And the trade system made the things more complicated, because players don’t find easilly a retiner or player selling the gear and items they need. I was trying to craft boots for me, but I had to waste a lot of time for find brass nails at a retainer. However, while I had a lot of work for find a crafting component, it is relativelly easy to find a retainer or player selling bronze mail armor and you can see a lot of melee players using it, at least one piece, so the market system is not so broken how the people say.
    When they revamp the Market Wards this week things will be better, it will be easier find the items you need. That will help the lives of players that just want buy things and not craft it and that will help the lives of crafters that just want buy a component for crafting. But a system for see what the retainers have to sell beforehand will be apreciated.

    6- IMHO, a revamp to the Market Wards, that is coming this week, will make the servers less laggy. There are too many players just logged, afk, selling things. If the market system goes easier, people will just put a retainer for sell things and log out.

    7- “What I do like about it is the freedom it gives you. You can be any class, and you can (slowly) respec at will; so far the only real limits have had to do with inventory capacity”.
    That is a point I saw no critic say. You can play everything you want, you just need change the weapon/tool. Everything you advance will contribute for a physical level, that affect your stats.
    There is no main class and you can use any ability from any class you have, so all classes can be “multiclass”. If you want your gradiator self-heal, easy, just advance thaumaturge or conjurer to rank 4 (circa 20 minutes playtime, 10 minutes if a friend help you) and you will have a healing spell that you can slot with your gradiator abilities. If you want some melee AOE for your pugilist, just advance marauder some ranks.
    FFXIV offer total freedom, you can mix any ability you develop, you can choice any class. It is a game you really don’t need alts if you want try any other class.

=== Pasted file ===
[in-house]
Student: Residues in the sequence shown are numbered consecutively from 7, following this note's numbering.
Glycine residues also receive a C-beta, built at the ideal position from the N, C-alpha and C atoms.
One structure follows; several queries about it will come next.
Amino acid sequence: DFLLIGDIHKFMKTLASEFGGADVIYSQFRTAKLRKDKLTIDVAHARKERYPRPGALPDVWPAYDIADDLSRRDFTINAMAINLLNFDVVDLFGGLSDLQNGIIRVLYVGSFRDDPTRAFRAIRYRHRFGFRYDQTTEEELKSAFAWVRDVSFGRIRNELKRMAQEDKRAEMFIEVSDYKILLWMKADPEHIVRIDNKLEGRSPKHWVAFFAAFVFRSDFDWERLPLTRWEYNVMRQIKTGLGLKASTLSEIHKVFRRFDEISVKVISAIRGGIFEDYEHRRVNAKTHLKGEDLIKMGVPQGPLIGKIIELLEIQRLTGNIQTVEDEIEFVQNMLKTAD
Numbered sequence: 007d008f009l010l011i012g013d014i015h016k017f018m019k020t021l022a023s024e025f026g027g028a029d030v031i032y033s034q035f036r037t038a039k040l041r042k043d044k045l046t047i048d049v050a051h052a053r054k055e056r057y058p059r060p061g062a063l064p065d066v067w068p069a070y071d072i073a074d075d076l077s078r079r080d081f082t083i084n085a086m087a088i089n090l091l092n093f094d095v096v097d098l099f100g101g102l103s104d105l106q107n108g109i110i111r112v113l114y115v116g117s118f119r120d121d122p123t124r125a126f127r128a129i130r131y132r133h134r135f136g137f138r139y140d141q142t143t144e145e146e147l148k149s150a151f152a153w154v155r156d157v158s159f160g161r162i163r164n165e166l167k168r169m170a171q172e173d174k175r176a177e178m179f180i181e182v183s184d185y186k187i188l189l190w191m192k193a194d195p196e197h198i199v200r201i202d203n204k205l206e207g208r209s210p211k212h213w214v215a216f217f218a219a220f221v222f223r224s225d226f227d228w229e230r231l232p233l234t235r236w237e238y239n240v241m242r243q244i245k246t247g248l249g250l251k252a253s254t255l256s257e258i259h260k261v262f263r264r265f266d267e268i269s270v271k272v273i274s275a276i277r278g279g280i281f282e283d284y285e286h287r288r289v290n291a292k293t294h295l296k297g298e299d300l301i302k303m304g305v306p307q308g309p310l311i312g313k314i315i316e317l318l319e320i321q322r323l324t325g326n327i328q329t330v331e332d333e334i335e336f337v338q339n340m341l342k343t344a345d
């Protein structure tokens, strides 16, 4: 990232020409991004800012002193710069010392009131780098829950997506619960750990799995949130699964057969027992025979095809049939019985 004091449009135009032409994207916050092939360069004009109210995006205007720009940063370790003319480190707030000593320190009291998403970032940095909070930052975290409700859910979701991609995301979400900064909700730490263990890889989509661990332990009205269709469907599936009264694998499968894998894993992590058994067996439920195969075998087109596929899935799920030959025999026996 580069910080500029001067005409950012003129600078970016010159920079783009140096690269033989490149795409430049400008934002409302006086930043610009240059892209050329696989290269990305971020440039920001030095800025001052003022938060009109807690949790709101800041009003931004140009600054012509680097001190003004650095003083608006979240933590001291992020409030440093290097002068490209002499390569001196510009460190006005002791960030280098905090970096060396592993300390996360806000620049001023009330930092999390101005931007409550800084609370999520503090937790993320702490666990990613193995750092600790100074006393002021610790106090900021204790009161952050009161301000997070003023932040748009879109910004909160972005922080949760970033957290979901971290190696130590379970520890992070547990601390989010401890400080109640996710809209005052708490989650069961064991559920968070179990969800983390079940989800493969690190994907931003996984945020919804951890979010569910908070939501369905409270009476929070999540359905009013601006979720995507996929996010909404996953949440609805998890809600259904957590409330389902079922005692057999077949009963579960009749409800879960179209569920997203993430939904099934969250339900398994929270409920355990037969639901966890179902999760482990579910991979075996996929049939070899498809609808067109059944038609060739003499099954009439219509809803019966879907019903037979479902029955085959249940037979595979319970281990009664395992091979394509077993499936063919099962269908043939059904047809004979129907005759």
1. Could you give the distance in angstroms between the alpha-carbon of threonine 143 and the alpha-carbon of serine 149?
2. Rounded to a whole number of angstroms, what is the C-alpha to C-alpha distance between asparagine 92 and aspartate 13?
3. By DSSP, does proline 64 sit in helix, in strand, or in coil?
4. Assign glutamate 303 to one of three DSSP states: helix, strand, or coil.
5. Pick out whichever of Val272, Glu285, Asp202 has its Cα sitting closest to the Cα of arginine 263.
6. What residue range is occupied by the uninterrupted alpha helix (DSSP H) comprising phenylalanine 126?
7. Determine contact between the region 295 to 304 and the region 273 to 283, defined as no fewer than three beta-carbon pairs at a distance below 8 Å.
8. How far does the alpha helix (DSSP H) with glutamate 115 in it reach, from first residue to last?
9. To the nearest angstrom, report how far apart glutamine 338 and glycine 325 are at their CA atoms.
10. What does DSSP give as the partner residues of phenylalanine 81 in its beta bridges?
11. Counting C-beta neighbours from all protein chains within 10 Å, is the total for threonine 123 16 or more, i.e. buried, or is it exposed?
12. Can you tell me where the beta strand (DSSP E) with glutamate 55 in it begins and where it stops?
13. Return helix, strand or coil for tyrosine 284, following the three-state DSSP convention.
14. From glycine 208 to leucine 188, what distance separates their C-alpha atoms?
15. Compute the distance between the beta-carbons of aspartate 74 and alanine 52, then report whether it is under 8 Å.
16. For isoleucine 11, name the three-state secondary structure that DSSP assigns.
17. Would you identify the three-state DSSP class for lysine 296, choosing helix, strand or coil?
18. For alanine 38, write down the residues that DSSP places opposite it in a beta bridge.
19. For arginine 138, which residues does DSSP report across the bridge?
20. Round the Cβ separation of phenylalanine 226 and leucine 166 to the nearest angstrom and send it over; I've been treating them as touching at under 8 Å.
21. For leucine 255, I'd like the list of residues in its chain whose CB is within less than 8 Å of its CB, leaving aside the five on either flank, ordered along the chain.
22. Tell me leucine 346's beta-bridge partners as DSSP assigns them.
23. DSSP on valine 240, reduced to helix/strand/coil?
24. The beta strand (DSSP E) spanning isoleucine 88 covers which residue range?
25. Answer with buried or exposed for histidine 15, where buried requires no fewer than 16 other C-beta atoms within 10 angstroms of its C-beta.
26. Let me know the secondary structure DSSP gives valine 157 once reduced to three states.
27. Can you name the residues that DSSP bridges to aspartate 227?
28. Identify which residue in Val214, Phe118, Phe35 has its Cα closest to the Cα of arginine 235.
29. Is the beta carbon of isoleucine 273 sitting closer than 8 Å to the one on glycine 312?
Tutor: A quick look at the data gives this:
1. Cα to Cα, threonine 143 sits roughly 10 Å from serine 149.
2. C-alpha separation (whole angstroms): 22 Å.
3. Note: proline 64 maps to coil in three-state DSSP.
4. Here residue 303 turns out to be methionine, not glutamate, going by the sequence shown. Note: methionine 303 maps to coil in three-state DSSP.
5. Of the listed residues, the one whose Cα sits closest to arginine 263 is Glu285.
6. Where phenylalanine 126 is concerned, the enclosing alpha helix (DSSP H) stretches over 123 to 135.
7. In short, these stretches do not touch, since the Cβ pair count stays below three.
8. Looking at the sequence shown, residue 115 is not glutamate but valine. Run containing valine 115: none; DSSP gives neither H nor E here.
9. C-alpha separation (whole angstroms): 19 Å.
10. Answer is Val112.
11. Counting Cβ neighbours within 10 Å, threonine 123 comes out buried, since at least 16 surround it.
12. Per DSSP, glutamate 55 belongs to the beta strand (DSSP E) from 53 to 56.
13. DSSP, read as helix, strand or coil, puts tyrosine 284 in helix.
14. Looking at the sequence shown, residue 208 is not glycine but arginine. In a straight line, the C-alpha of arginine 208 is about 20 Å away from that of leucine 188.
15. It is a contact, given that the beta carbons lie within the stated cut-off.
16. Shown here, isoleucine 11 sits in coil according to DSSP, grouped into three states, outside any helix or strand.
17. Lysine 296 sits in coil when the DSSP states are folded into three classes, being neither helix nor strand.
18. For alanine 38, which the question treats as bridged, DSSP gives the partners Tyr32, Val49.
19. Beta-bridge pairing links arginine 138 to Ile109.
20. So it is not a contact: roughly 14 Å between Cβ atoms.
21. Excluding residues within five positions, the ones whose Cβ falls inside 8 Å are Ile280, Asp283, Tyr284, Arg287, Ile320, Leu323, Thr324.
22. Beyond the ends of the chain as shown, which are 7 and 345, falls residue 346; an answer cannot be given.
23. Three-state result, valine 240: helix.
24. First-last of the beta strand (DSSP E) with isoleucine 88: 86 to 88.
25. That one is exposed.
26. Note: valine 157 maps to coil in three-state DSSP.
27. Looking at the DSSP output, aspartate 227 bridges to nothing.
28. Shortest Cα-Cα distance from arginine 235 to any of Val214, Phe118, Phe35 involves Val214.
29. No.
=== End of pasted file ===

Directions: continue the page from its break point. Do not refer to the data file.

So, IMHO the harsh critics come from people that NOT played the game, but “heard” from others about it. I know it because no one write a line about the total freedom that the game offer.

  7. I love the freedom of the game design. I fully expect it to be a different sort of MMO. That’s the point, and why I like the ideas of FFXIV.

    The sub and my own lack of time (OK, and a high end PC rig) are what keep me from the game, but with those barriers down, I’d be playing the game today.

  8. I was glad to see someone throw A Tale in the Desert into a discussion of crafting. I have never quite understood why more games haven�t pick up pieces from Teppy�s vision of how crafting should work. Blacksmithing and Glass Blowing where you make the product in a manner similar to the real thing, banging on metal or blowing, moving and rotating glass in a furnace. Actual skill made the difference and the ability to produce high quality products made you, as an individual, stand out in the game. Paint making where every player in the game has a different set of recipes which you have to discover for yourself. Cooking became a community wide science project.

    I know not all of that will work in all games but there are elements which I think would make almost any game better. I am one of those loving FFXIV and in particular the crafting. It is interesting, gives you reasons to go places and do things to get the materials you need and improves social interaction to get those higher level mats you need.

    I do, however, wish they would expand a bit on the quality side of the crafting. As far as I know the only real effect from producing a +2 item is an increase in durability. To me that is not enough incentive to spend a lot of tie worrying about the quality. I wish there were stat improvements that resulted from making a higher quality. I understand that each piece of equipment having different stats would create a large server load and contribute more to the lag issues, but I can wish for it anyway. Of course if they moved more of the game to the client side, a lot of the lag problems would be solved.

Comments are closed.